Advocates to Mayor: Make investments that put DC’s children first
Heading into a budget season with a $500 million surplus, we call on the District’s leaders to build a budget that puts children and youth first.
We co-authored this opinion editorial published by the DC Line with our colleagues at the Children's Law Center, School Justice Project, DC Fiscal Policy Institute, PAVE, DC Alliance of Youth Advocates and Georgetown Juvenile Justice Initiative to urge Mayor Bowser to make three necessary investments for all of our children.
Advocates to mayor: Make investments that put DC’s children first
This week, residents across the District are gathering with Mayor Muriel Bowser and her administration for her three budget engagement forums. The first conversation took place Tuesday night in the newly renovated Edgewood Recreation Center — a valuable $18 million investment for Ward 5 families.
Just two weeks ago, Bowser made an important announcement: She is proposing a 4% increase on the District’s per student spend, in both traditional and charter public schools.
These are just two strong signs that the mayor and DC Council know how essential it is to invest in our city’s children and families. They are an even stronger indication that DC is doing extremely well financially.
But we are at a significant juncture. While DC is benefiting from a level of economic growth not seen in decades, we know that not all DC families are feeling the effects. How do we leverage this moment to create the DC we want for all our children?
We see three important priorities for the mayor’s budget to ensure that all DC children learn.
First, investments in our schools are essential. The mayor’s proposed increase would help every school have the staff and services it needs. From ensuring ample supplies to raising salaries that attract top talent, the additional per student funding is critically important. Yet even with this increase, school funding will be below the level recommended in the DC-commissioned “adequacy study” from seven years ago.
As a city that has always grappled with school inequities, we need solutions that don’t leave vulnerable students behind. Too many education outcomes are tied to race, ethnicity, ZIP code and family income — a legacy of our nation’s and our city’s history of racism, discrimination and segregation. It’s why we must double down on funding for students from low-income families and those who face other barriers to learning. We can build on the mayor’s proposal to boost the per pupil formula by committing an additional $72 million to meet what the adequacy study says is truly required to support our “at-risk” students, many of whom live east of the Anacostia River. This funding could provide at-risk students with additional resources outside of the school’s core staff such as reading specialists and counselors.
Second, we know many of our children experience high rates of trauma. Violence, poverty and homelessness are taking a toll on their developing minds. DC’s black and brown children also carry the weight of racism into classrooms and onto playgrounds, often facing the same obstacles as their parents and grandparents did. The need for mental health support is great.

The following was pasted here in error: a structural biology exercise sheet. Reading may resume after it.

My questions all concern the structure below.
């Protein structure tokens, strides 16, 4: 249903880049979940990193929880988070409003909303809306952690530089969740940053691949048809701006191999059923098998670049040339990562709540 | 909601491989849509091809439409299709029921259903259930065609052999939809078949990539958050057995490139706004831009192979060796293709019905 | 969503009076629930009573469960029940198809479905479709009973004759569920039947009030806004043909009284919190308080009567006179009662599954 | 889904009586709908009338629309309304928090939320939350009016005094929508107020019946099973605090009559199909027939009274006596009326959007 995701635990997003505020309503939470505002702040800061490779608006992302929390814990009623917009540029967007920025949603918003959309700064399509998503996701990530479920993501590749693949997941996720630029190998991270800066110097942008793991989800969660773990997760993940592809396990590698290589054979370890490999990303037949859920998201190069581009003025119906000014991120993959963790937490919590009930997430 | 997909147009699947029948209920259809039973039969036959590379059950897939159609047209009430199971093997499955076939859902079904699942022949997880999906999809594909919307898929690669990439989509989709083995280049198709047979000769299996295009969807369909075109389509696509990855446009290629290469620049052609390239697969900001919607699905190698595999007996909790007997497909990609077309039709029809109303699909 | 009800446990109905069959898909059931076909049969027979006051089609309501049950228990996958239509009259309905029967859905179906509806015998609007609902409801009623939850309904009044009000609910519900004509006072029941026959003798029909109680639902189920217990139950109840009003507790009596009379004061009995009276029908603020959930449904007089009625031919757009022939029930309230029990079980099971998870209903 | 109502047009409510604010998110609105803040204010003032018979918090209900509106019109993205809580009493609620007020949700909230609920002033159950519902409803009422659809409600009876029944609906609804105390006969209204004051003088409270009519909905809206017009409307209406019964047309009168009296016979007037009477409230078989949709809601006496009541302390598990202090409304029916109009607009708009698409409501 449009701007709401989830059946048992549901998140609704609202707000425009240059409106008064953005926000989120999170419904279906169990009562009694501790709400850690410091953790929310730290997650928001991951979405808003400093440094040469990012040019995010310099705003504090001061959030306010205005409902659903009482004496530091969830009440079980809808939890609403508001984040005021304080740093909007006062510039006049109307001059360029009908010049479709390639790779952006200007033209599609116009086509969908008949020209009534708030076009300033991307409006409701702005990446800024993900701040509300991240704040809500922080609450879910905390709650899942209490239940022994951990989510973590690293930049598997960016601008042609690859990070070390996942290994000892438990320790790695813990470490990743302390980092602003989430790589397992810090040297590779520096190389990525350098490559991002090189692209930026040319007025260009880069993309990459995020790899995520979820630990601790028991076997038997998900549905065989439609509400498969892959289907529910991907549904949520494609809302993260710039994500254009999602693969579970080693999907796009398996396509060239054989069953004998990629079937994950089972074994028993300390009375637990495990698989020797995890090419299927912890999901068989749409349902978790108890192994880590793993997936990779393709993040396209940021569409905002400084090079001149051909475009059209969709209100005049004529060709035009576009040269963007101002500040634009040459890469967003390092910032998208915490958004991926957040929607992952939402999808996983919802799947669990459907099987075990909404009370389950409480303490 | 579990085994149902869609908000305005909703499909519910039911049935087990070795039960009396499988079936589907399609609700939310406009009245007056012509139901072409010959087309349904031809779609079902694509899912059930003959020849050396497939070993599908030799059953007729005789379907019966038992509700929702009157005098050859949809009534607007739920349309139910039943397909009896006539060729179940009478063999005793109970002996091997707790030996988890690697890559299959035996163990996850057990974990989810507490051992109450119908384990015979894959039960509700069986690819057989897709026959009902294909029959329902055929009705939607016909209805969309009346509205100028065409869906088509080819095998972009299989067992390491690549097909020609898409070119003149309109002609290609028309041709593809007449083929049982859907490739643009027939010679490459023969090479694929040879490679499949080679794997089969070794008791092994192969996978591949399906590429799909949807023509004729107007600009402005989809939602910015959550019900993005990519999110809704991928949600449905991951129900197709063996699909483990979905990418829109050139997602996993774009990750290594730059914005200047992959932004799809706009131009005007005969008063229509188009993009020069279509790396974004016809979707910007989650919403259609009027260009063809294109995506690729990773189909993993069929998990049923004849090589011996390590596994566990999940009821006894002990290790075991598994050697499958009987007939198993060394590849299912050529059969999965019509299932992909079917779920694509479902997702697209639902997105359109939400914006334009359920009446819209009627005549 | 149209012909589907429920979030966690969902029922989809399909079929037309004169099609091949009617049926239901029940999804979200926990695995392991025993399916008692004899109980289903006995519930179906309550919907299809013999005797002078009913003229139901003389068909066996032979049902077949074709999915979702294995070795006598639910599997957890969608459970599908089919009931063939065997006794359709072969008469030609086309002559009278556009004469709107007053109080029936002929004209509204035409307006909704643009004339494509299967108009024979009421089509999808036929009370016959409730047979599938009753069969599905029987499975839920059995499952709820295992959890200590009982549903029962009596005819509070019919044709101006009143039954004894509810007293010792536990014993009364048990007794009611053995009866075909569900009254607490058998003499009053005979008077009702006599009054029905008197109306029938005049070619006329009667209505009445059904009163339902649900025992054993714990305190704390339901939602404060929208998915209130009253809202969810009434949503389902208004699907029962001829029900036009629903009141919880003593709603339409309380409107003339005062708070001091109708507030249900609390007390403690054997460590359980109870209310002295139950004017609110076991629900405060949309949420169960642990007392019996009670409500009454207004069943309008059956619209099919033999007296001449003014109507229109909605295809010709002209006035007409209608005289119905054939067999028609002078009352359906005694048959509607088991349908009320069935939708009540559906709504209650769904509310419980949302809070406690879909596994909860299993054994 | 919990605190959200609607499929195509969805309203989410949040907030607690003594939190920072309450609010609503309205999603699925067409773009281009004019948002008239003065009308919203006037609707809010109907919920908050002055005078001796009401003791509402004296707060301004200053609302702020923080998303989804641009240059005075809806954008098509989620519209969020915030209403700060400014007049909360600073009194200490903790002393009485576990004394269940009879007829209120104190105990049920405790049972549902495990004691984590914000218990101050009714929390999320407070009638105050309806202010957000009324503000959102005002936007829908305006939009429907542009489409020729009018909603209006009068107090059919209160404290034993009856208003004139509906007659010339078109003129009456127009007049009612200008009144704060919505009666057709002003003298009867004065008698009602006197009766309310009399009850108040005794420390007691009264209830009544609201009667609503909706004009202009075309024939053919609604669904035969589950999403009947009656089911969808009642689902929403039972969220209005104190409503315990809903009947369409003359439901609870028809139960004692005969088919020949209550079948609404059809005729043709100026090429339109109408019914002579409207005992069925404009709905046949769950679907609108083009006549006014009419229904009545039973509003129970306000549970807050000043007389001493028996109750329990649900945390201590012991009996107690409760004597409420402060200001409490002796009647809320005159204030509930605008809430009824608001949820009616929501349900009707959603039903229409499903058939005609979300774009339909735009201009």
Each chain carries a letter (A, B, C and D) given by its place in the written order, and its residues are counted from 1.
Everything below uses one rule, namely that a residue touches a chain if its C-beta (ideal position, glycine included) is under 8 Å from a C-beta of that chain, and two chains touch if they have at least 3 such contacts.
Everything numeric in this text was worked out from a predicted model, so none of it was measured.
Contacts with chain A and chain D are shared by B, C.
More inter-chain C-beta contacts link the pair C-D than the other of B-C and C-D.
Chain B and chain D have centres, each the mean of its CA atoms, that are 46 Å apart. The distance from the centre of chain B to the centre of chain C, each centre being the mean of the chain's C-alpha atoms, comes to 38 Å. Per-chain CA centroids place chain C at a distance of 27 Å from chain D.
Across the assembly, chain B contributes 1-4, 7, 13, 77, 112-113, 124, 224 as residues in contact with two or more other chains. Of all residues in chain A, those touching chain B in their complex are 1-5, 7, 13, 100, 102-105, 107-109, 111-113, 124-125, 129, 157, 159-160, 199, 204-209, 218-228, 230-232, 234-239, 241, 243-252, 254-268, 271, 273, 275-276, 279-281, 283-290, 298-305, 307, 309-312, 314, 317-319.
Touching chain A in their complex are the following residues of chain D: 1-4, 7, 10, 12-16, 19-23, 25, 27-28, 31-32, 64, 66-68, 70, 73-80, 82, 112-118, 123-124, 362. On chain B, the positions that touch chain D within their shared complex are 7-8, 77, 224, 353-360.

The city’s expressed commitment to school-based mental health is exactly what’s needed to help kids who carry these burdens into the classroom. We’ve already taken great steps forward, expanding these services to more than 100 schools, so we know it’s possible. We need $16 million to reach 60 more schools, which is the District’s plan to scale responsibly based on available providers and resources. In addition, we must prioritize $10.6 million to provide social-emotional learning and trauma-informed training that will benefit students in every school.
Last, it’s time to make our youngest children a priority. This starts with high-quality, affordable child care for all families — starting with those struggling to make ends meet on the smallest incomes. We must also invest in the child care professionals who barely make above minimum wage yet care for our children during these formative years. An additional $41.5 million to implement policies that support children under age 3 will lead to better education outcomes and stronger, more stable careers for parents who won’t have to choose between keeping a job and the cost of child care.
The budget priorities suggested above total just over $140 million. Although significant, we have the means to make this investment. DC saw a nearly $500 million surplus last year. We hit our fiscal goal of a $1.43-billion rainy day fund. And we can make smart choices to add revenue by closing unnecessary tax loopholes like the DC Council did last year when it ended the ineffective Qualified High Technology Companies tax incentive. We have the resources we need to invest in the District’s children.
Creating change of this magnitude requires unwavering leadership. Together, and informed by the work we do with more than 70 organizations across numerous coalitions, we are calling on DC’s leaders to build a budget that puts children first — especially children who have too often been left behind in our city’s growth.
Claire Nilsen Blumenson is the executive director and co-founder of the School Justice Project; Eduardo R. Ferrer is the policy director of Georgetown Juvenile Justice Initiative; Ed Lazere is the executive director of the DC Fiscal Policy Institute; Maya Martin Cadogan is the founder and executive director of PAVE (Parents Amplifying Voices in Education); Kimberly Perry is the executive director of DC Action for Children; Maggie Riden is the executive director of DC Alliance of Youth Advocates; and Judith Sandalow is the executive director of Children’s Law Center.